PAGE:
Update – 5/7/2017 – Jay Cutler says he is, in fact, retiring from the NFL.
If you could make a good deal of money getting hit repeatedly by 250-pound men or talking about football in a booth, which would you choose?
The most well-known U.S. athlete with Type 1 diabetes seemingly chose the latter for the upcoming NFL season, as the NFL Network and Business Insider report that Jay Cutler has been hired as a color commentator with FOX Sports.
Cutler, who has Type 1 diabetes, has played 10 years as a quarterback for the Denver Broncos and Chicago Bears. He has been the starting quarterback for much of this past decade, passing for more than 32,000 yards and scoring more than 208 touchdowns, all while managing his A1C score to stay well on and off the field.
His career has had its share of ups and downs. NFL observers agree that Cutler has a cannon for a right arm,
But he has at times vexed his coaches over the years with some of his on-field decision-making.
To be fair, Cutler has also overseen several major upheavals of coaching staffs while with the Chicago Bears, a franchise that is considered to still be in disarray.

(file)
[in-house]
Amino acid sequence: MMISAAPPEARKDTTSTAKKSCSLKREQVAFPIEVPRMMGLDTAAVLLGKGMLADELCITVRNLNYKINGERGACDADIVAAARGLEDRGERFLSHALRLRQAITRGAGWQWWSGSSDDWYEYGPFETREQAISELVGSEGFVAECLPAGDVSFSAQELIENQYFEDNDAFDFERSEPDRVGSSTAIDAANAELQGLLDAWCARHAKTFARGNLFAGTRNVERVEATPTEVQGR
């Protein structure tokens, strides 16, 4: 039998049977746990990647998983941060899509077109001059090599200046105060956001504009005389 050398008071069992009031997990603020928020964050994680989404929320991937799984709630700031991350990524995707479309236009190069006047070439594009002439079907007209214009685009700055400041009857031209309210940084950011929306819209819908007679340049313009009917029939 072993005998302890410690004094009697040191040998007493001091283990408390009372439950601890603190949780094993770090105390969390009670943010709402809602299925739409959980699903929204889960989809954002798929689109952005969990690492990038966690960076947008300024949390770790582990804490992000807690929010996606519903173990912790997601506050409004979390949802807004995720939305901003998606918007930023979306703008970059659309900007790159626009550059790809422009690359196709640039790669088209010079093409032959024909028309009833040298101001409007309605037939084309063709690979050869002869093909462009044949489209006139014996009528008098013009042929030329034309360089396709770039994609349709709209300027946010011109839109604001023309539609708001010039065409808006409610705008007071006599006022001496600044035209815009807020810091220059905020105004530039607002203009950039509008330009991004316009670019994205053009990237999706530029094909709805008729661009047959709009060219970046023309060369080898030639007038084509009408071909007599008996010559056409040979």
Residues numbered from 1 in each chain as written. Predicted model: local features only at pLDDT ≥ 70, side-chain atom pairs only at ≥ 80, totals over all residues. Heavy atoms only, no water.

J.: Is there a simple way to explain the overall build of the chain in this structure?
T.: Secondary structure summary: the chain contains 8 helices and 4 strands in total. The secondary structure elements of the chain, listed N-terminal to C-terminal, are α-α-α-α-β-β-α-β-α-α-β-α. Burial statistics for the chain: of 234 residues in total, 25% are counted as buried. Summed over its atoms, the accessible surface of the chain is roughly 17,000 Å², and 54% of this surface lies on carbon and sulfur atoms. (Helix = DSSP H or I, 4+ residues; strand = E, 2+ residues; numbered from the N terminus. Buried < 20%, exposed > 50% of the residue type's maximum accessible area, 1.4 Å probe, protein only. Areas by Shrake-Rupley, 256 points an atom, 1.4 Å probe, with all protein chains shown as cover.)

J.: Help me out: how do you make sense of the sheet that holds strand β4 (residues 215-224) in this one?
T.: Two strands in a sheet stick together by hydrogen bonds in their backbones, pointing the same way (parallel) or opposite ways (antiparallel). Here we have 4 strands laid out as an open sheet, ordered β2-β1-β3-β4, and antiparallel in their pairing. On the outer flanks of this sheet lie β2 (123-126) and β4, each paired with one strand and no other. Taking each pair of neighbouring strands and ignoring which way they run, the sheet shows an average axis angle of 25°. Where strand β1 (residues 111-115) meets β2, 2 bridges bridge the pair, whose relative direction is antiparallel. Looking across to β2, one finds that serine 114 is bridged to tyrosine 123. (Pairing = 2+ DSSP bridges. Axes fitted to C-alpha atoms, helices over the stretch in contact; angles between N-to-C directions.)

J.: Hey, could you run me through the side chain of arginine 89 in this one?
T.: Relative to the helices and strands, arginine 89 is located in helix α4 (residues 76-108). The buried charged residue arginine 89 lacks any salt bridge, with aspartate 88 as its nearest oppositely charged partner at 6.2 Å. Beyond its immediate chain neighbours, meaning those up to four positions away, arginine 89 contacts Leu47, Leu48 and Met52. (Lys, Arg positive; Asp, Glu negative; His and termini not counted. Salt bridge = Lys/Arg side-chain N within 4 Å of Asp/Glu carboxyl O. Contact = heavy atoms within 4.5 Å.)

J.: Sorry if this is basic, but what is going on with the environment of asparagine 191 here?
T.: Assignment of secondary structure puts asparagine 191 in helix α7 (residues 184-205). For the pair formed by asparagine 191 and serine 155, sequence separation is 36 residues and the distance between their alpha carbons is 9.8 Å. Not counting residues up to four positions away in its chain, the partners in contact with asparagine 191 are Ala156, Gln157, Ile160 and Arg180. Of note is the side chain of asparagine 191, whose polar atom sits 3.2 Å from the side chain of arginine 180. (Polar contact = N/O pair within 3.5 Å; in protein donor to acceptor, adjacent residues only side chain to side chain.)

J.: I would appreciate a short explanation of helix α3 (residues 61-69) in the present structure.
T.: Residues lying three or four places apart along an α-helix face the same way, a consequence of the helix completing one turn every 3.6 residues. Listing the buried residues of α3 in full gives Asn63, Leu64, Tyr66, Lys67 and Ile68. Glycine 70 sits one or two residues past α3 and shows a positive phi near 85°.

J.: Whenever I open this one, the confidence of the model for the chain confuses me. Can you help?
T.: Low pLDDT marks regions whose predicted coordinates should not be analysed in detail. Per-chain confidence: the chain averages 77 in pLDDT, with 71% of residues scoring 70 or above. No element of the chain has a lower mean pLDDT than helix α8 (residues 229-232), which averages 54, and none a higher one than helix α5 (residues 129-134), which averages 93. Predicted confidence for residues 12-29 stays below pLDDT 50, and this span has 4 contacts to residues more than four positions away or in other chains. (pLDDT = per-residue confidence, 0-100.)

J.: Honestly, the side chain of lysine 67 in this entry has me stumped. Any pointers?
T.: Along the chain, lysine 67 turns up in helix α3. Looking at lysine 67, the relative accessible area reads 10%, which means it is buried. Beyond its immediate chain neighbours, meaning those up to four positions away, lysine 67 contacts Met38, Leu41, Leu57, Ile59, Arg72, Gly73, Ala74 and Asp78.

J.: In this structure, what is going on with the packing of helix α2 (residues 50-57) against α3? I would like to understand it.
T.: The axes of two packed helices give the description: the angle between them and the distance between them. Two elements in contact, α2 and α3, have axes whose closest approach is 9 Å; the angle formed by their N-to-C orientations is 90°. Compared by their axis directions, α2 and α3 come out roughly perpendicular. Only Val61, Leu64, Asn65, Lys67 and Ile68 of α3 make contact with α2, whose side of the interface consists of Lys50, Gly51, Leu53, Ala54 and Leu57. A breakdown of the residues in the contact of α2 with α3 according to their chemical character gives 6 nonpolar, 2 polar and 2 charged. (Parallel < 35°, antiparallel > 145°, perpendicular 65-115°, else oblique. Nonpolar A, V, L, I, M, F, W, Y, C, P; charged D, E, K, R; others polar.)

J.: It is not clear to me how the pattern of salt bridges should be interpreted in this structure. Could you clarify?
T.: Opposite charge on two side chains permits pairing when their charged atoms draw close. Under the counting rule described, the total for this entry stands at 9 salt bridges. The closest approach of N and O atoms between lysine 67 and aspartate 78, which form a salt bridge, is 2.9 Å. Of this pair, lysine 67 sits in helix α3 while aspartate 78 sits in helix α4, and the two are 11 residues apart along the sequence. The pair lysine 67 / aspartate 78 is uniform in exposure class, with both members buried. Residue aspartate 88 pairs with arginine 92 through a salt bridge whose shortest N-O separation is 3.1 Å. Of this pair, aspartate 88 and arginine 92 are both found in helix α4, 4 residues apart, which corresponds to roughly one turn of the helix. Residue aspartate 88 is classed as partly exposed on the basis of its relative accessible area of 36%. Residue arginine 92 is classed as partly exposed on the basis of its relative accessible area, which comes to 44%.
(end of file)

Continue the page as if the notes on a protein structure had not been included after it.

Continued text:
Broadcasting is an interesting career move for Cutler, whose at-times-dour outward demeanor has become something of a meme during his playing days. However, he is photogenic, as his wife underscored when she recently Instagrammed flattering photos of his front side and his exposed back side during the offseason. Also, as the NFL network report states, few question Cutler’s football I.Q. and depth of experience in the league.
Read more: Jay Cutler gets fat-shamed on Instagram
He recently lost his starting job with the Bears, and he has indicated he would still like to play in the NFL if he were given a clear role as a starter for another team. The Business Insider report speculates that Cutler’s role as a color commentator for a three-person broadcasting team gives him the flexibility to suit up again, should the right position arise in the upcoming playing season.
If Cutler does not throw another pass in the NFL, his career has already served as an example to the world that people with Type 1 diabetes can play at the highest level in the most physically demanding of sports. Come what may, we at Insulin Nation wish him all the best on this new chapter in his career.
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